The Lords have dealt a hammer blow to the government’s plans for tax credits and the next round of budget cuts. The revolt by a mix of opposition peers, crossbenchers, bishops and government loyalists is forcing the government into a rethink on a flagship policy and has thrown the Chancellor’s deficit reducing plans badly off course.
But is the rebellion merely a one-off move? Will it force a reluctant Chancellor into an embarrassing U-turn, but end there, leaving the government with a free ride for the rest of its social programme? Or is it the start of a wider momentum against the full force of the government’s social plans. Could this be the beginning of a more significant turning point, the end of public and political acquiescence with the government overall social strategy?
The government must have hoped that it would be able to get away with a continuation of the post-2010 programme of austerity, with cuts in welfare spending and in benefits and its long term goal to shrink the state.
The planned cuts to tax credits are just one tiny plank in a long list of welfare and tax measures that, together, will have a devastating impact on the incomes and life chances of the poorest in society. In the highly controversial Welfare Reform and Work Bill alone, there’s the plan to scrap the Child Poverty Act – with its targets, duties and commitments on reducing poverty and supported by the Conservatives in 2010 – as well as the lowering of the benefit cap, a four-year freeze on most working-age benefits and a two-child limit for tax credits.
Central to these wider plans is the proposal to abolish the official definition of poverty and replace it with measures that will, at a stroke, reduce the official poverty count. There’s also the promise to extend the right to buy to housing association tenants, one the National Housing Federation has been bullied into accepting, and the new measures to weaken an already disempowered trade union movement. Then, at the other end of the scale, inheritance and corporation taxes are to be cut still further, while executive earnings are continuing to race away from the rest of the workforce. The impact of this mix of measures is clear – they will allow the ceiling to go on rising and the floor to continue to sink.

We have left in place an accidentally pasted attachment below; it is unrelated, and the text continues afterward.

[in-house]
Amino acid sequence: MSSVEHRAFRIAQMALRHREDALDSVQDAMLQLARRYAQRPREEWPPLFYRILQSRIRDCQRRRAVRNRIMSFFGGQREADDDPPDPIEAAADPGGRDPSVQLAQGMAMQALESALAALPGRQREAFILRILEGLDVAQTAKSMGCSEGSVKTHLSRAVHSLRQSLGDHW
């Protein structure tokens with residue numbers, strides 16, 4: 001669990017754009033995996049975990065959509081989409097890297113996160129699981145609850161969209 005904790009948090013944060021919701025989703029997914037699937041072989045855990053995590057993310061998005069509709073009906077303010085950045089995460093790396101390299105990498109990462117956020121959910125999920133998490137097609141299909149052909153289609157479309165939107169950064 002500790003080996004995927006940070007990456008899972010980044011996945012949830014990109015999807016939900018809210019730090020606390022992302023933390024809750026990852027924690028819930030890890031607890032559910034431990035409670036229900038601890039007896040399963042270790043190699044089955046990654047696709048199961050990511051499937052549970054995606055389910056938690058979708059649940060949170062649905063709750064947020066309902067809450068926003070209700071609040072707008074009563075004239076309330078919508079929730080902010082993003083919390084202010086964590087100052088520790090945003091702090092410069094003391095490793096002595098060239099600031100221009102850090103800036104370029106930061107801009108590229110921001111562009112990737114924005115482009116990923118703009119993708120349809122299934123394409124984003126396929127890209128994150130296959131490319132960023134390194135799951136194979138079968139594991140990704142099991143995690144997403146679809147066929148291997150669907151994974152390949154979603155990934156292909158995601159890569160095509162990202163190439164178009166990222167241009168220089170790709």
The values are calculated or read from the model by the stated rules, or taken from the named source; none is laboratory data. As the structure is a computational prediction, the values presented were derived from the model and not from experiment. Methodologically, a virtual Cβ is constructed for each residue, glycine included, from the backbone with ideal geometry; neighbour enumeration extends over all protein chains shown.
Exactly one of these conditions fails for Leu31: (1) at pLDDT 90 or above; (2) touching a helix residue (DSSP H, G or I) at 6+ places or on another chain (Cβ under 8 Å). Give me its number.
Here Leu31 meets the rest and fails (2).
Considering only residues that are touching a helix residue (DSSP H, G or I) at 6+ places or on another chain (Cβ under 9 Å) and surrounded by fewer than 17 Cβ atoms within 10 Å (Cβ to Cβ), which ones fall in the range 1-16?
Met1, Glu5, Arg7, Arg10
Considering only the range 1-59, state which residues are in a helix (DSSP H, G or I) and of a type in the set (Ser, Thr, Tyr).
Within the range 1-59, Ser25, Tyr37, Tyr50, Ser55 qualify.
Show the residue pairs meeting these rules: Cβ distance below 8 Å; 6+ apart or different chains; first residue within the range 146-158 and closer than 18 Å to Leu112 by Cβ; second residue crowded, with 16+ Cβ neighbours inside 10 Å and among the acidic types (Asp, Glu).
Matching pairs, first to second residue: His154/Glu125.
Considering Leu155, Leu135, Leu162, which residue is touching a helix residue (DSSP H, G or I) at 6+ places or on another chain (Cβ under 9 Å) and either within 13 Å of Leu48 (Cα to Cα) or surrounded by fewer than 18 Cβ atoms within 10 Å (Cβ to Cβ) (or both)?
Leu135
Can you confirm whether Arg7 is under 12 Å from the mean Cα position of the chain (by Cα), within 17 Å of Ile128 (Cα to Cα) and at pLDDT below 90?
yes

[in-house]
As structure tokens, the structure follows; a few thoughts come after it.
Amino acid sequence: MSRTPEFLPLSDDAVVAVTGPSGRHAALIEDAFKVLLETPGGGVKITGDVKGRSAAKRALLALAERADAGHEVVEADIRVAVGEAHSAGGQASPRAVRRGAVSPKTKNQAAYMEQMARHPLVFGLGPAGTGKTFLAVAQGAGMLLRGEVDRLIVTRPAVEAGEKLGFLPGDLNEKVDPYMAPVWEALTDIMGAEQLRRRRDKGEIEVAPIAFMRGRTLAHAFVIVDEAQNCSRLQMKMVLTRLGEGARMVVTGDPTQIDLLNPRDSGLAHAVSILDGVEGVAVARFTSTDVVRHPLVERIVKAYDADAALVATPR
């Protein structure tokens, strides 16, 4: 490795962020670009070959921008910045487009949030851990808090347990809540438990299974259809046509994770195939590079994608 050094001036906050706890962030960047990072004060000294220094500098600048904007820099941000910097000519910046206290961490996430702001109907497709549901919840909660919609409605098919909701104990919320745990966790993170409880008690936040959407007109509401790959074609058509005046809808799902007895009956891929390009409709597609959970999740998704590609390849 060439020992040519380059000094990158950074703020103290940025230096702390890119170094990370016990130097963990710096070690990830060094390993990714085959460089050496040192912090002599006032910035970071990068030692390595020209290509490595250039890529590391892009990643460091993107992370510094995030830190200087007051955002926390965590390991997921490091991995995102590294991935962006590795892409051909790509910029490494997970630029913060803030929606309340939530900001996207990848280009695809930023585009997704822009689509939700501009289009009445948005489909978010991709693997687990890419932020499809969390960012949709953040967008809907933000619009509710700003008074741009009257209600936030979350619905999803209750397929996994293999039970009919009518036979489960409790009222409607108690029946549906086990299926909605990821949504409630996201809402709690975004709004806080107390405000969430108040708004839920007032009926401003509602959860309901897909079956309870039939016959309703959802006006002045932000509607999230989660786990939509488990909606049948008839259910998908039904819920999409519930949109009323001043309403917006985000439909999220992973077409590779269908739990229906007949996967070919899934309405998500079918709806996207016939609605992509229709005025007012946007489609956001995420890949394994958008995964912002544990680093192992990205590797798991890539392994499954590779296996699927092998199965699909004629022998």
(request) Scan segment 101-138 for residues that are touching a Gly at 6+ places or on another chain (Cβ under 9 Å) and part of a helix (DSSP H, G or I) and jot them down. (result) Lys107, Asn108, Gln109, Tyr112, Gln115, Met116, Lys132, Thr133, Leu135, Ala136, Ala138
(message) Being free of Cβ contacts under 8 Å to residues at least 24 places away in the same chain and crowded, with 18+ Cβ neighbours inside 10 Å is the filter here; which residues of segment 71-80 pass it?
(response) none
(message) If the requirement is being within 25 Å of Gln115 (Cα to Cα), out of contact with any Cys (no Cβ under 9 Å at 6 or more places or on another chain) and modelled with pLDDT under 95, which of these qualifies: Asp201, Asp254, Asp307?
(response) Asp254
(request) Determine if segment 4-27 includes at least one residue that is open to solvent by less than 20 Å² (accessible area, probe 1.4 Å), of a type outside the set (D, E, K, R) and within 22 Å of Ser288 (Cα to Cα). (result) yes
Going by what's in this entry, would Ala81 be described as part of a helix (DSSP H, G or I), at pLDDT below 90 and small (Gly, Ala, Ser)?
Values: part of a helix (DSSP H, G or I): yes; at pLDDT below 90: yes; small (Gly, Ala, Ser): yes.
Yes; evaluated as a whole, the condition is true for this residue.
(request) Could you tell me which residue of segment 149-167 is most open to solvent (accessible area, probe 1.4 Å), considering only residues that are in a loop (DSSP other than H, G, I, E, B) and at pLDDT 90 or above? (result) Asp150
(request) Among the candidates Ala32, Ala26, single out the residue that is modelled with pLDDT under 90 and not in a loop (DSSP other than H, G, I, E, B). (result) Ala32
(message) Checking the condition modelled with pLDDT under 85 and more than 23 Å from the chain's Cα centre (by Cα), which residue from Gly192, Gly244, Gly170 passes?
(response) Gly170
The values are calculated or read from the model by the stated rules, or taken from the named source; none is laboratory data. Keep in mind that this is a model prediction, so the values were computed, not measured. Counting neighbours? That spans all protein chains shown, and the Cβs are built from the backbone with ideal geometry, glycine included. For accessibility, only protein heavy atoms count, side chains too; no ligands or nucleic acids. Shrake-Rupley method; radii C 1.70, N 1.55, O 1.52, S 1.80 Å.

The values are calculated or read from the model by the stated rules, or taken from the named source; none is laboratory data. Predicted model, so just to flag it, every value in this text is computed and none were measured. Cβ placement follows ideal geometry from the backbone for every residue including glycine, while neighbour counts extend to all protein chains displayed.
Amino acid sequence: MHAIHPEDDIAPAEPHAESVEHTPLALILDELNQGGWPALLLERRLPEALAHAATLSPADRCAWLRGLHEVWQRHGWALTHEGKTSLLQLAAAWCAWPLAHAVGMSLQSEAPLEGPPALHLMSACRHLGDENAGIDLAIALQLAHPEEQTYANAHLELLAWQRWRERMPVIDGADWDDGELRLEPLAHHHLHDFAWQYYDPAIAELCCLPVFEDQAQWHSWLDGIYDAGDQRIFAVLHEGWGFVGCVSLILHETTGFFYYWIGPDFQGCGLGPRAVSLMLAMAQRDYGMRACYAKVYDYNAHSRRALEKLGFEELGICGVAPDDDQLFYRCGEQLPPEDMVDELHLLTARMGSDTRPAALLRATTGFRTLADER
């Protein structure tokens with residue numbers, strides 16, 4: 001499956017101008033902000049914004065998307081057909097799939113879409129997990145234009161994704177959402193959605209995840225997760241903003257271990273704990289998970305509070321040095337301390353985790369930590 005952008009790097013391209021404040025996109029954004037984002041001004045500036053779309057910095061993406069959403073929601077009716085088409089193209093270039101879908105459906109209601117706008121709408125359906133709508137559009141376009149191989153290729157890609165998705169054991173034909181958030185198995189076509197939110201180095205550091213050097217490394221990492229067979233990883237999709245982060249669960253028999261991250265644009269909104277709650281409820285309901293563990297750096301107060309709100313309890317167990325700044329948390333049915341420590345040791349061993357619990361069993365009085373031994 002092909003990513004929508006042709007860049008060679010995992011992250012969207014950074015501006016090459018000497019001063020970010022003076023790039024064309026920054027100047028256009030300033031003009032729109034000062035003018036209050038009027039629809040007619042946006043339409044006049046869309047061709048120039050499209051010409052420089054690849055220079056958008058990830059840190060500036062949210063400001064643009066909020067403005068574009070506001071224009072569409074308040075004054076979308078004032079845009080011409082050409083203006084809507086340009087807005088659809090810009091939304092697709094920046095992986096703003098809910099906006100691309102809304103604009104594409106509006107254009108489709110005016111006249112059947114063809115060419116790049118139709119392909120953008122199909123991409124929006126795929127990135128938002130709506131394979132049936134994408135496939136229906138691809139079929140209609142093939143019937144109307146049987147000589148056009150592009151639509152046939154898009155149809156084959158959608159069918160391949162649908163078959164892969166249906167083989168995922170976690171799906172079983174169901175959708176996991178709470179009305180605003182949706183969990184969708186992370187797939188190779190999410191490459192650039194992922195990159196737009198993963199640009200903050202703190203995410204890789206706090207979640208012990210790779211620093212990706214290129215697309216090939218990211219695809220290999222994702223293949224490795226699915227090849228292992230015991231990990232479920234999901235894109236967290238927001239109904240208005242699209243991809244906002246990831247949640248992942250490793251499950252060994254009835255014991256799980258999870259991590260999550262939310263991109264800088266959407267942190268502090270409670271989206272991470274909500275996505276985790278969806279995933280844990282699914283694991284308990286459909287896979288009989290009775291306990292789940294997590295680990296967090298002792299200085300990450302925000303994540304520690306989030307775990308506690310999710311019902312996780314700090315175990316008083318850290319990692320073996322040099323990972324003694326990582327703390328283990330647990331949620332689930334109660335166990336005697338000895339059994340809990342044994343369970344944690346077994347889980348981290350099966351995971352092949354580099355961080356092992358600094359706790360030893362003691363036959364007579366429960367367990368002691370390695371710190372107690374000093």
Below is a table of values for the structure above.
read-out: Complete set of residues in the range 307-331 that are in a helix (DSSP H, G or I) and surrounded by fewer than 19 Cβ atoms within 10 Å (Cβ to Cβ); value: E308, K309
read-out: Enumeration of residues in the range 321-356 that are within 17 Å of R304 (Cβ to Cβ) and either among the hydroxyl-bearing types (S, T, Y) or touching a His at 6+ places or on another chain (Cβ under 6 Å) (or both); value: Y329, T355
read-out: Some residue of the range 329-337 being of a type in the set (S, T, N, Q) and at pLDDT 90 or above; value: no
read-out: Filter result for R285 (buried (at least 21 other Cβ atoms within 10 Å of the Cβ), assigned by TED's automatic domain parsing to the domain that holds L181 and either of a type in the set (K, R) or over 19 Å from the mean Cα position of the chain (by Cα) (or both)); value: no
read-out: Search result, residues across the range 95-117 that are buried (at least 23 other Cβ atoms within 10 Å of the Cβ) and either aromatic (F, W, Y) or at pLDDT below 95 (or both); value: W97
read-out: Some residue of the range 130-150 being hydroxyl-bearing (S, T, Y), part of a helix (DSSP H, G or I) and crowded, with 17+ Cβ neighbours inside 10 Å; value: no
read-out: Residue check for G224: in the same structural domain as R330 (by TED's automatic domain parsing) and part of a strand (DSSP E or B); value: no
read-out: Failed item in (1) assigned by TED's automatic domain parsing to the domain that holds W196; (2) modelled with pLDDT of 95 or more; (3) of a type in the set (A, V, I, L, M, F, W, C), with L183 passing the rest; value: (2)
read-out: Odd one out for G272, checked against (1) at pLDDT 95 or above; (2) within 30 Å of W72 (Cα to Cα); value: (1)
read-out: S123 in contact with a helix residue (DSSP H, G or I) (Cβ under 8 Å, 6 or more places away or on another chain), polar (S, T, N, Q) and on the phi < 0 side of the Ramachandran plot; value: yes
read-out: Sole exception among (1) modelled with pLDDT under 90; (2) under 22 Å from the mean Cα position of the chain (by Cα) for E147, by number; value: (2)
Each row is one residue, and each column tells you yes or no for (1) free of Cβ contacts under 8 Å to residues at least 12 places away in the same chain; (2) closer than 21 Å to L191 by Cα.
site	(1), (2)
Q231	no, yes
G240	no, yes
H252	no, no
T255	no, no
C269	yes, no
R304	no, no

The government likes to tell us otherwise. Michael Gove calls on the Tories to become the “warriors for the dispossessed”. David Cameron tells the Conservative conference that he plans an “all-out assault on poverty”. The reality is quite different. What the government is planning is not a war on poverty but on the poor.
Until the Lords rebellion, the government seemed to be getting away with this political doublespeak. The public, softened up by the government’s ongoing propaganda war against the welfare and benefit system, and years of myth-making, have for the most part gone along with the government’s wider austerity strategy. But could the tide now be about to turn? Could their Lordships have triggered a wider protest? In the 1980s Mrs Thatcher banned her minsters and civil servants from using the poverty word. Cameron is trying too to wipe the poor out of the political script by redefining them away. Real levels of poverty may go on rising, and the think tanks and campaigners may bleat, but official figures will show them falling. The government may yet wriggle out of the tax credit crisis, but they could yet be in for a much bumpier ride than their election victory suggested.